The proposed bylaw has been deferred to January, which is not great… but again, there’s an interesting story here. The reason for the deferral is—as the headline implies—a religious exemption for the bylaw. But here’s the interesting part: The issue isn’t that religious leaders are trying to force a religious exemption into the conversion therapy ban. The issue is that councillors—with the full-throated support of religious delegates—are trying to get a religious exemption taken out of the bylaw! And the deferral is because the city is seriously considering doing that!

I’m impressed, Kingston. If you actually go ahead with removing the religious exemption, and ultimately pass the bylaw, that will be something truly awesome.

[] ‘Politics follows culture’: a Christian appraisal of Election 2021

It’s a good idea to break out of your bubble and see what the other side is saying. This piece is a set of short commentaries by the staff at The B.C. Catholic, opining on the recent election. It’s an interesting look into the devout Catholic mindset.

As you might expect, there is little diversity in opinion, but different contributors focus on different things. One is fixated on medical assistance in dying, and bemoaning the fact that some of their pet politicians didn’t get elected. Another whines about Catholic values (he means abortion) not being taken seriously. Others just want Catholics (that is, people who agree with them about abortion) to be more politically active. One is particularly fixated on the state of conservatism and the right in Canada.

What strikes me particularly is this: I have seen a number of Catholic political writers recently complaining about the fact that everyone reduces Catholicism, politically, into abortion, abortion, abortion, calling that reductionist, and saying that Catholicism means oh, so much more! I am almost tempted to agree with them, and acknowledge that Catholic political interests are more than just right-wing, anti-abortion bullshit. But then I look at what Catholics actually write about in their political analyses and… yeah, it’s all right-wing, anti-abortion bullshit. Sometimes, reductionist dismissal is the right thing.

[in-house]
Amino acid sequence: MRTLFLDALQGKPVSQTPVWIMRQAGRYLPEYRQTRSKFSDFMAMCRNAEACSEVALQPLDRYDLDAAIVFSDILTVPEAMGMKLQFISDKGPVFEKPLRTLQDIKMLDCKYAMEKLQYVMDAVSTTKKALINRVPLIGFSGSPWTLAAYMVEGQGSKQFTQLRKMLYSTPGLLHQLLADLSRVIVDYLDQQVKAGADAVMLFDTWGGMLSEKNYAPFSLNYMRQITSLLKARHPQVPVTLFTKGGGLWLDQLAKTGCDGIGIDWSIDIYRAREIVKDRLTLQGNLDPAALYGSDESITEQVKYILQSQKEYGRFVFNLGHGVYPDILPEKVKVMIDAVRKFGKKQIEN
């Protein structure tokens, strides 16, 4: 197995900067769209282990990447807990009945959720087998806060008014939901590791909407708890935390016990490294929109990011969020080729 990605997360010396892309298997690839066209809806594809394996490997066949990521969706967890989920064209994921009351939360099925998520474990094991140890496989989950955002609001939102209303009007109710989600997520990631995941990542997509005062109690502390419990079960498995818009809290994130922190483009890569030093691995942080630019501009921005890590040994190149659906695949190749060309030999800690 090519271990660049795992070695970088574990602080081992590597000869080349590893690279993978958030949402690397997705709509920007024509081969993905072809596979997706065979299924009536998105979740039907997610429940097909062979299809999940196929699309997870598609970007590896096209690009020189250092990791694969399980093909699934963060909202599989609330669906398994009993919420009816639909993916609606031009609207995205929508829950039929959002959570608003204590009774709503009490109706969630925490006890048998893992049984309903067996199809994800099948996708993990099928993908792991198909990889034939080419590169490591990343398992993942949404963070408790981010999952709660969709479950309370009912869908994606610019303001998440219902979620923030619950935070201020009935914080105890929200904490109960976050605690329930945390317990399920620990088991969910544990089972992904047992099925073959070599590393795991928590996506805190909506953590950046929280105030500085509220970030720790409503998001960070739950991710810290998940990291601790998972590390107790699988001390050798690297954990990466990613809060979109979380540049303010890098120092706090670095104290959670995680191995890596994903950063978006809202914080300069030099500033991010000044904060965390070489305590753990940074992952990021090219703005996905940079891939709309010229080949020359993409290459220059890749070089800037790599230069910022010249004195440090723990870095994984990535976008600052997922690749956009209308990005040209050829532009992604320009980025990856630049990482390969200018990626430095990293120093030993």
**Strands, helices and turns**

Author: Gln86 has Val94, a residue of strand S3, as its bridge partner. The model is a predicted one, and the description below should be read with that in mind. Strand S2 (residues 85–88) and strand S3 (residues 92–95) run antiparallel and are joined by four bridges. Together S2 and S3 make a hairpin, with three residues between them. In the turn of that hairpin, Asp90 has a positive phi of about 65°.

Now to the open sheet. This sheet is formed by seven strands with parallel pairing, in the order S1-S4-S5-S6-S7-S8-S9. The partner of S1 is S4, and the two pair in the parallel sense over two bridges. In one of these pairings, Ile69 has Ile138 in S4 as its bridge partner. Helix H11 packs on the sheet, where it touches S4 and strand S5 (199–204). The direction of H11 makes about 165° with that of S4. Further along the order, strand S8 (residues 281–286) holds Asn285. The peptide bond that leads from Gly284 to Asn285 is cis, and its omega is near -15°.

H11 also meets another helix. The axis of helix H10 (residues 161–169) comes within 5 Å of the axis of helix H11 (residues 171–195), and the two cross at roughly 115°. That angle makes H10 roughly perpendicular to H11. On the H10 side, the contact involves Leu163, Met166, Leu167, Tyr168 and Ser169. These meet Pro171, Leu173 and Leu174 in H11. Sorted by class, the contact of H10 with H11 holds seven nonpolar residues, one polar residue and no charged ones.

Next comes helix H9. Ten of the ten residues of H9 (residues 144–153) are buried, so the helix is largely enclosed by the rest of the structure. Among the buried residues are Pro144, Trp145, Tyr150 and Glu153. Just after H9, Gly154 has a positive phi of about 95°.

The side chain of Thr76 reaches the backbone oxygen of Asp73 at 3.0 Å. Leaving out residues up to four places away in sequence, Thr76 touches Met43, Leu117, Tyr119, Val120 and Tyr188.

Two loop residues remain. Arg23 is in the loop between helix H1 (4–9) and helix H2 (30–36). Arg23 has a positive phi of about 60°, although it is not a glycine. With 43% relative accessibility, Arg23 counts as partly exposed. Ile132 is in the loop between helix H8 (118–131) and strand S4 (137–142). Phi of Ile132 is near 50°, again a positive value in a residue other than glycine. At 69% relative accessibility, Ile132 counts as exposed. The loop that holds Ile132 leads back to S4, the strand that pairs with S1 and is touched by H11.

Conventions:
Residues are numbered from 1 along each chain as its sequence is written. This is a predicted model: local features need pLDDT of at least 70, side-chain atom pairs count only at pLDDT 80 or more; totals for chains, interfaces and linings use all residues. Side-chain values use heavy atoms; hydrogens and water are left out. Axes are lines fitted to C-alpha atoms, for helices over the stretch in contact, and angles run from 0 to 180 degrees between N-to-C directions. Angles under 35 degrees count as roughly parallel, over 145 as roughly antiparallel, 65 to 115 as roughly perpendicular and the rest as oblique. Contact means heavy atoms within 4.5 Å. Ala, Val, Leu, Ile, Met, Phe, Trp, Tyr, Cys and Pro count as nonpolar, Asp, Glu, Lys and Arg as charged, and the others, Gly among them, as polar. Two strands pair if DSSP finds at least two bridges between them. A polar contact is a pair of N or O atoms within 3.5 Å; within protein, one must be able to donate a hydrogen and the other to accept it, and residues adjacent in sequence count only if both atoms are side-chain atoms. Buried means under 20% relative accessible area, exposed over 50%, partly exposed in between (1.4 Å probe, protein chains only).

[] Indigenous organizations conflicted about Catholic bishops’ apology

It was inevitable that they would cave… or have they?

The Catholic Church is the only one of the four major churches responsible for running the schools in Canada’s indigenous residential school system that has thus far failed to apologize for their part in it. Indigenous leaders have been asking for the Pope to apologize for at least the past two Popes, and the pressure has only increased since the discovery of over a thousand dead children in unmarked graves at various form Catholic-run schools. The papal still hasn’t happened, but now, at least, the Canadian Conference of Catholic Bishops has issued a formal apology.

As apologies go, it’s… not bad. There’s one little niggle with it that some of the indigenous leaders in the article point out: the wording is very careful to place the blame on… “some”… members of the Catholic community. Not the organization, no… just on some random individual Catholics.

The shirking of institutional responsibility is not the only thing that makes the apology ring hollow. As we’ve been reporting for some time now, the Catholic Church is also the only one of the four major churches that has failed to pay its share of compensation to the victims, even after they haggled the amount down. Even if it were an unreservedly good apology, an apology made while still continuing to dodge its financial obligations means little.

[] ‘Worship-type events’ account for 10% of this month’s N.B. COVID-19 cases

New Brunswick is having a bit of a COVID crisis. Not nearly as bad as Alberta, of course, where things have gotten so bad they’ve had to call on other provinces to handle their overflowing hospital cases (as hilariously satirized in this Beaverton piece). But New Brunswick stupidly ended all public health restrictions back in July (which they now regret), with predictable results.

The situation there presents as a weird microcosm of the way public health authorities have handled religion throughout the pandemic. The government very frankly admits that religious gatherings have been responsible for at least 10% of the cases in the past month, and even showed visual representations of the transmission clusters. At the same time, like so many other provincial governments across the country, they are piss-assing around when it comes to putting restrictions on religious gatherings. Their requirements for religious gatherings are both absurdly overly complicated, and at the same time, they don’t go nearly far enough. As in most provinces, religious gatherings are exempt from most of the restrictions that secular gatherings are subject to, with no explanation why.